I worked in many bands with Harry: at his best he was a secure and sparkling lead trumpet with an enviable sense of style and interpretation. He made the most mundane of backing scores and pantomime jingles interesting and (almost) fun to play. His jazz was a fine blend of introspective phrases and adventurous 'taking a chance' constructs. He was a bloody good player.

Throughout this time, Harry's main delight was exciting and innovative big band music, and for several years through the 70's Harry's regular 'rehearsal' band occasionally performed concerts in the West Country as the 'Hal Smith Orchestra'. This band played interesting 'symphonic' big-band music in a style probably best exemplified by the Sauter-Finnegan big band, with a distinct flavour of woodwind and tuned percussion added to the more usual lineup. Many of the band's arrangements were either originals by Harry or painstakingly transcribed from his huge collection of LPs. The arrangements included Kenton and Ellington classics, Sauter-Finnegan tunes, and several inspired by the Jerry Fielding LP 'Near East Brass - West Coast Style'.

In the mid-1970s Harry established a small recording company which later produced some notable high quality recordings for a small audiophile record label, Auracle Records. At the same time Harry's business was one of the first to produce 'teachatapes' of Associated Board examination pieces for a wide range of instruments. Many candles were burnt at both ends during both the recording and editing stages of the tapes for these projects which of course required updating with every annual syllabus!

To people who did not know him well Harry could seem quiet, laconic; sometimes to the point of dourness. However this concealed a warm and complex personality who had a huge repertoire of funny and fascinating tales of the old days, and who took great pride in his own children and in his many pupils, whilst tending to understate his own accomplishments.

People who knew and loved Harry will remember that his search for happiness and financial security was not always uncomplicatedly successful. He pursued many differing goals and many of us will recall some of these working out to greater or lesser extents... But of course the objective which defined a large part of his later life was to escape England to somewhere hot and sunny and this he achieved most thoroughly - though perhaps not without surprising or even dismaying a number of people.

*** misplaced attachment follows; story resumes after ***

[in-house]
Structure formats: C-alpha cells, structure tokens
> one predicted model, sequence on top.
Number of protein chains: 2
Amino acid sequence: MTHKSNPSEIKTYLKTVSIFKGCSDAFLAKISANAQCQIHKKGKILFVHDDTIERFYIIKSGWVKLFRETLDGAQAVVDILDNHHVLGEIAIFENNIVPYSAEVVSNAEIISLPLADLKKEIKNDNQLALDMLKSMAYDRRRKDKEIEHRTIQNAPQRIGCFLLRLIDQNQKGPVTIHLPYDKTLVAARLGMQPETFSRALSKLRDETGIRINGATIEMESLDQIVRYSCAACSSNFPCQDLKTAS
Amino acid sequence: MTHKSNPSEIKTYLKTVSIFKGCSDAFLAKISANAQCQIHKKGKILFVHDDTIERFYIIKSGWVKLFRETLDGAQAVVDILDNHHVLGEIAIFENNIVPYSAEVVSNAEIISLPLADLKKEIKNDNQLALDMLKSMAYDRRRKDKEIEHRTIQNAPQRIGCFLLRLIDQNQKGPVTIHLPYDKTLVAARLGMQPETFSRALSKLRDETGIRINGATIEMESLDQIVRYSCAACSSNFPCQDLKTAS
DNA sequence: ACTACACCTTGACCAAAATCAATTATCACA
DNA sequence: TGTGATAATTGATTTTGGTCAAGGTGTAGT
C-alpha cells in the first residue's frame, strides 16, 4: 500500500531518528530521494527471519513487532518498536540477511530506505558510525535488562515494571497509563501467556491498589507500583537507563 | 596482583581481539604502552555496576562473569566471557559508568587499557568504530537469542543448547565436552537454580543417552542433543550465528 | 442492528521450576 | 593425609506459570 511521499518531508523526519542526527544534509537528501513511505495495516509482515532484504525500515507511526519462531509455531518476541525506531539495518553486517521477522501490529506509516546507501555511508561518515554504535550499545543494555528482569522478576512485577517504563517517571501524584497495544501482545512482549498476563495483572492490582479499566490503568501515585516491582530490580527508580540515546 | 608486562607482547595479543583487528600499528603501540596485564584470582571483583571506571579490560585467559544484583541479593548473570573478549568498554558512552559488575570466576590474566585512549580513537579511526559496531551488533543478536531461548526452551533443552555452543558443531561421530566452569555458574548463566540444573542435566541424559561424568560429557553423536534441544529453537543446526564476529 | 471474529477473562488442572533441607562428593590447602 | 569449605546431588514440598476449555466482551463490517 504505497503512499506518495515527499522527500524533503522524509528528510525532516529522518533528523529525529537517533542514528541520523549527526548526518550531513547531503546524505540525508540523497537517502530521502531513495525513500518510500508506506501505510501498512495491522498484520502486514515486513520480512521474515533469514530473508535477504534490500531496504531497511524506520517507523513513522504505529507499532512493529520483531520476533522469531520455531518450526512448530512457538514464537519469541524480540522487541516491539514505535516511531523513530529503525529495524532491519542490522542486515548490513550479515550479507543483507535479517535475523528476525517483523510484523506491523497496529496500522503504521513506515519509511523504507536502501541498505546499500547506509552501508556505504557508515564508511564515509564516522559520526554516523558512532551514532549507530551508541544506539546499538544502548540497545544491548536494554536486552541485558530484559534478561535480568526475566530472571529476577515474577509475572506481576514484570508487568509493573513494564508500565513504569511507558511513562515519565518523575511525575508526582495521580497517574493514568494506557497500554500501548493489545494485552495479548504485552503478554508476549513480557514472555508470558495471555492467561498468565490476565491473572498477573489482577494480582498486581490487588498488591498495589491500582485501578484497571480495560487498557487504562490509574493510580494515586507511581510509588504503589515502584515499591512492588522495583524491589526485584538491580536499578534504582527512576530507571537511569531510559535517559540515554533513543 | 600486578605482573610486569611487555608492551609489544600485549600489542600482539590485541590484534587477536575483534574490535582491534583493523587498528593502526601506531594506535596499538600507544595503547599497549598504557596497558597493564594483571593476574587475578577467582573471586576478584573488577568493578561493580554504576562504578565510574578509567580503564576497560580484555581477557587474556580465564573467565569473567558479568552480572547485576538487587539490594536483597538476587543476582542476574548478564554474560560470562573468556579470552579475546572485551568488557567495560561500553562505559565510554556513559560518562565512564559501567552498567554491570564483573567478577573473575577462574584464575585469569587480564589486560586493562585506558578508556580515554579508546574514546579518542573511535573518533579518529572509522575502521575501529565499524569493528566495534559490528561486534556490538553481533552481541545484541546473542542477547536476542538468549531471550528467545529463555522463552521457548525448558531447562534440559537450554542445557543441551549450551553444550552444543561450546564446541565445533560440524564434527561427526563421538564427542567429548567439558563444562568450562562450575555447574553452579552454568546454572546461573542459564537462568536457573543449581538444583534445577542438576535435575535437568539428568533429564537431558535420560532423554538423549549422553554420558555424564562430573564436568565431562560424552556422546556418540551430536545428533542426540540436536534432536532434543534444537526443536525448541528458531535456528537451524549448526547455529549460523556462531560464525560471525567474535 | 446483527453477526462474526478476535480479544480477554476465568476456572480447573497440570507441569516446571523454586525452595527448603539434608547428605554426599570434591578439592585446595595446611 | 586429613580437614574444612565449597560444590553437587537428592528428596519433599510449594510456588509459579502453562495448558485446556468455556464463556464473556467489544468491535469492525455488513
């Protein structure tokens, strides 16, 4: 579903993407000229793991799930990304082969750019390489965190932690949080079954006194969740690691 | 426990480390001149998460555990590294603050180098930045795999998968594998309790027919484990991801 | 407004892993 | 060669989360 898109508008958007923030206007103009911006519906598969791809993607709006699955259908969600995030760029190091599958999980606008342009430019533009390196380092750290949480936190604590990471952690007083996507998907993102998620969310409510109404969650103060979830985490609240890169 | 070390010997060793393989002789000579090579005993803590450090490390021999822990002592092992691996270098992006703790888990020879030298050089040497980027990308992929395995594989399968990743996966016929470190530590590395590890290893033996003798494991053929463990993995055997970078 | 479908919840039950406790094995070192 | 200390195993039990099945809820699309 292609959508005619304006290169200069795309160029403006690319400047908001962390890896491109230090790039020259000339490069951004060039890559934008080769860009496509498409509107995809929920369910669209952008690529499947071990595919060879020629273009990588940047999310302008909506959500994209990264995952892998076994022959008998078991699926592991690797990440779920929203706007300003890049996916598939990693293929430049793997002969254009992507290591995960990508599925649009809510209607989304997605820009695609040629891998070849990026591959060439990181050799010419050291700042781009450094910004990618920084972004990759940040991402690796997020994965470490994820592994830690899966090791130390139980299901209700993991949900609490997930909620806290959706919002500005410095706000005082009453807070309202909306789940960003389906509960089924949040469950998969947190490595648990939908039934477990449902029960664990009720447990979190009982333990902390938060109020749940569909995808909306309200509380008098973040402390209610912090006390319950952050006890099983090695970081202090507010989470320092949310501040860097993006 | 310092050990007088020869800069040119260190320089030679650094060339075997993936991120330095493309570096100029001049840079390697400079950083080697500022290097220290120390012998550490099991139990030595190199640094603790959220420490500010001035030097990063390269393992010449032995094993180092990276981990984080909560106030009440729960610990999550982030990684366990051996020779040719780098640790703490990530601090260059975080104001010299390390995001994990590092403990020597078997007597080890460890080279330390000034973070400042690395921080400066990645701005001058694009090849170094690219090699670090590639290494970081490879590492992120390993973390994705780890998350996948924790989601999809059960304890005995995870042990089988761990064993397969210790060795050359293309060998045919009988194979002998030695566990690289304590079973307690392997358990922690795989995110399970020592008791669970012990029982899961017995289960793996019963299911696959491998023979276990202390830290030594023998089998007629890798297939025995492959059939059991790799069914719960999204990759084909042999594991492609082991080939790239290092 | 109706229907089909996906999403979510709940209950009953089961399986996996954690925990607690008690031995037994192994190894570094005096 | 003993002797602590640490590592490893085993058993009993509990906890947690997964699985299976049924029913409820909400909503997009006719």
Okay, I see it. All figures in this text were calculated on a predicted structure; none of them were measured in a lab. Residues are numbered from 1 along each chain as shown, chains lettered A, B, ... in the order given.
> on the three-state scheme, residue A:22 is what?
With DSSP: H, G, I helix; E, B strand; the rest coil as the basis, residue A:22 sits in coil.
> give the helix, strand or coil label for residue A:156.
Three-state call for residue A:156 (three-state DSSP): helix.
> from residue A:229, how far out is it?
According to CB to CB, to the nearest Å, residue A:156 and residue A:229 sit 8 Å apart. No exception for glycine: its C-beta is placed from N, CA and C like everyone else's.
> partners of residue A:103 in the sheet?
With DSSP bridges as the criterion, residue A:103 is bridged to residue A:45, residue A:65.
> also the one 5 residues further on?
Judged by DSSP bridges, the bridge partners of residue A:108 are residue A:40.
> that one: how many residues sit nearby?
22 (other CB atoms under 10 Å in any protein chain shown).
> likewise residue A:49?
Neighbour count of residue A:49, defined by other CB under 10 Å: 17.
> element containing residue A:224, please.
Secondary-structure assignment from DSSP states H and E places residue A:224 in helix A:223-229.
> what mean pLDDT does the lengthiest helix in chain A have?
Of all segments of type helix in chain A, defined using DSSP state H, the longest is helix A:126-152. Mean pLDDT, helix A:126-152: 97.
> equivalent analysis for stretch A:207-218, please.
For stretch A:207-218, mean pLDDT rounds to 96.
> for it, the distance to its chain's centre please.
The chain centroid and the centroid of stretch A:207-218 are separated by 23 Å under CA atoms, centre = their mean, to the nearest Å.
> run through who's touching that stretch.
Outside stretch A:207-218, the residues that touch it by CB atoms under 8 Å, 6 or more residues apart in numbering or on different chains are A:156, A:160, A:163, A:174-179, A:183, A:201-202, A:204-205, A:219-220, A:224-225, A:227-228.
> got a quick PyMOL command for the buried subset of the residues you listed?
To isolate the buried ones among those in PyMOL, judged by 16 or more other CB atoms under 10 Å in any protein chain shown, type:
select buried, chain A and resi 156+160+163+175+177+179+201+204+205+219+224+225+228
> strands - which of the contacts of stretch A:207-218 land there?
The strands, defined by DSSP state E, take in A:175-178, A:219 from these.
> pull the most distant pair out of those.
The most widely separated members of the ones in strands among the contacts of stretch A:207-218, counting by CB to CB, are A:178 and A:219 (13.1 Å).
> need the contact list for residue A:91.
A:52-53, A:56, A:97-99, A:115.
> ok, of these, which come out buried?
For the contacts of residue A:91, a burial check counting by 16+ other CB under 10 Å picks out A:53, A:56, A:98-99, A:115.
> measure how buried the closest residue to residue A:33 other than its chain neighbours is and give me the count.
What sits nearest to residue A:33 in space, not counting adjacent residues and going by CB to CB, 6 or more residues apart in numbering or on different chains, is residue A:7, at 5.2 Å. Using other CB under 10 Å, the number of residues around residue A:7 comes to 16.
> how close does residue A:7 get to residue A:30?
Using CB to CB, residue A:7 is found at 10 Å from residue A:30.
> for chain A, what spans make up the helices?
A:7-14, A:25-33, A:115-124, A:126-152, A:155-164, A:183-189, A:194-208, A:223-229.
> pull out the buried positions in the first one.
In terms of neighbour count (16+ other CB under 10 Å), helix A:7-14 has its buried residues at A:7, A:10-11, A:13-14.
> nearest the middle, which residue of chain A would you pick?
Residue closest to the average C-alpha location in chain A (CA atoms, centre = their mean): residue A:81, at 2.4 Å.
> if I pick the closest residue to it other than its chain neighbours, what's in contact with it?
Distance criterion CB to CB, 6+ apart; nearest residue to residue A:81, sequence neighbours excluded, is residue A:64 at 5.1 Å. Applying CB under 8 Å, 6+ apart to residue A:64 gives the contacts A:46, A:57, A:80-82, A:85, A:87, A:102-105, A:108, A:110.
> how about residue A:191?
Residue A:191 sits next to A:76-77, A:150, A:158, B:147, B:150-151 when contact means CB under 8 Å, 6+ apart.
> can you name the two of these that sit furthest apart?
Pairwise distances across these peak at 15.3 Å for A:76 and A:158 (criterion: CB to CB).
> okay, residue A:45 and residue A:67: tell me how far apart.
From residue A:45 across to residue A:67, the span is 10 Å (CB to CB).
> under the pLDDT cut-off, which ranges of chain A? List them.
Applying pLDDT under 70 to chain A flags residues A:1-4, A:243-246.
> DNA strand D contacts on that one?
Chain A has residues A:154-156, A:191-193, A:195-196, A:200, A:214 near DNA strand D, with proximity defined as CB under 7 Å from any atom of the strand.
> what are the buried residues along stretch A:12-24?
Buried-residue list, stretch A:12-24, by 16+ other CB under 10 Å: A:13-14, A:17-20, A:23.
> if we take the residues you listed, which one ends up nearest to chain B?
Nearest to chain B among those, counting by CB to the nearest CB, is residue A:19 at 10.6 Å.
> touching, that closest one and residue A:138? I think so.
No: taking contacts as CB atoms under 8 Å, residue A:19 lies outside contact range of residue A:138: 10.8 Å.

In the early 1980s Harry took a scuba-diving holiday in St Lucia, fell in love with the place and people, and quickly decided to settle there in pursuit of good weather and swimming. Once he had established a base he became involved in introducing a more formal approach to the teaching of music on the island, and was instrumental in the founding of the St Lucia School of Music. He continued to teach both trumpet and music theory and brought his expertise to bear on a whole new group of students. Among these is the prominent jazz steel-pan exponent, Allison Marquis, who now features in festival and concert programmes throughout the Caribbean.

In the last 10 years Harry trained as a Piano Technician and was one of a very few in St Lucia maintaining the pianos of the island. Harry also continued to develop his woodworking skills and designed and built a multi-position 'back-friendly' wooden relaxer chair. These were sold to many prominent people on the island and to several of the local hotel chains.

After a lifetime of British weather Harry made the most of the St Lucian climate and the surrounding seas and kept himself fit and healthy, swimming almost every day until earlier this year when he suffered a broken collarbone.

Harry's wife Joan died in 1990. He leaves two children and three grandchildren.

By Neville Young, with additional material and editing by Jules Smith;
thanks to John Berry, Alan Rump and Corinne Smith


Note:

Inevitably this page will come as a shock to some old friends, pupils and colleagues who had not yet heard of Harry's death, and I'm sorry to be the bearer of bad news like this. He really was a terrific bloke.

If you would like to get in touch, talk about H, or offer more information, stories or pictures for this page, please do email me: I would love to hear from you. Here's a link to the details of how to contact me at my personal address. You can also look me up in the (UK) Musicians' Union directory


Links:

Neville Young's home page
Neville Young's trumpet page

International Trumpet Guild
ITG Harry Smith obituary

Last revision: March 26, 2008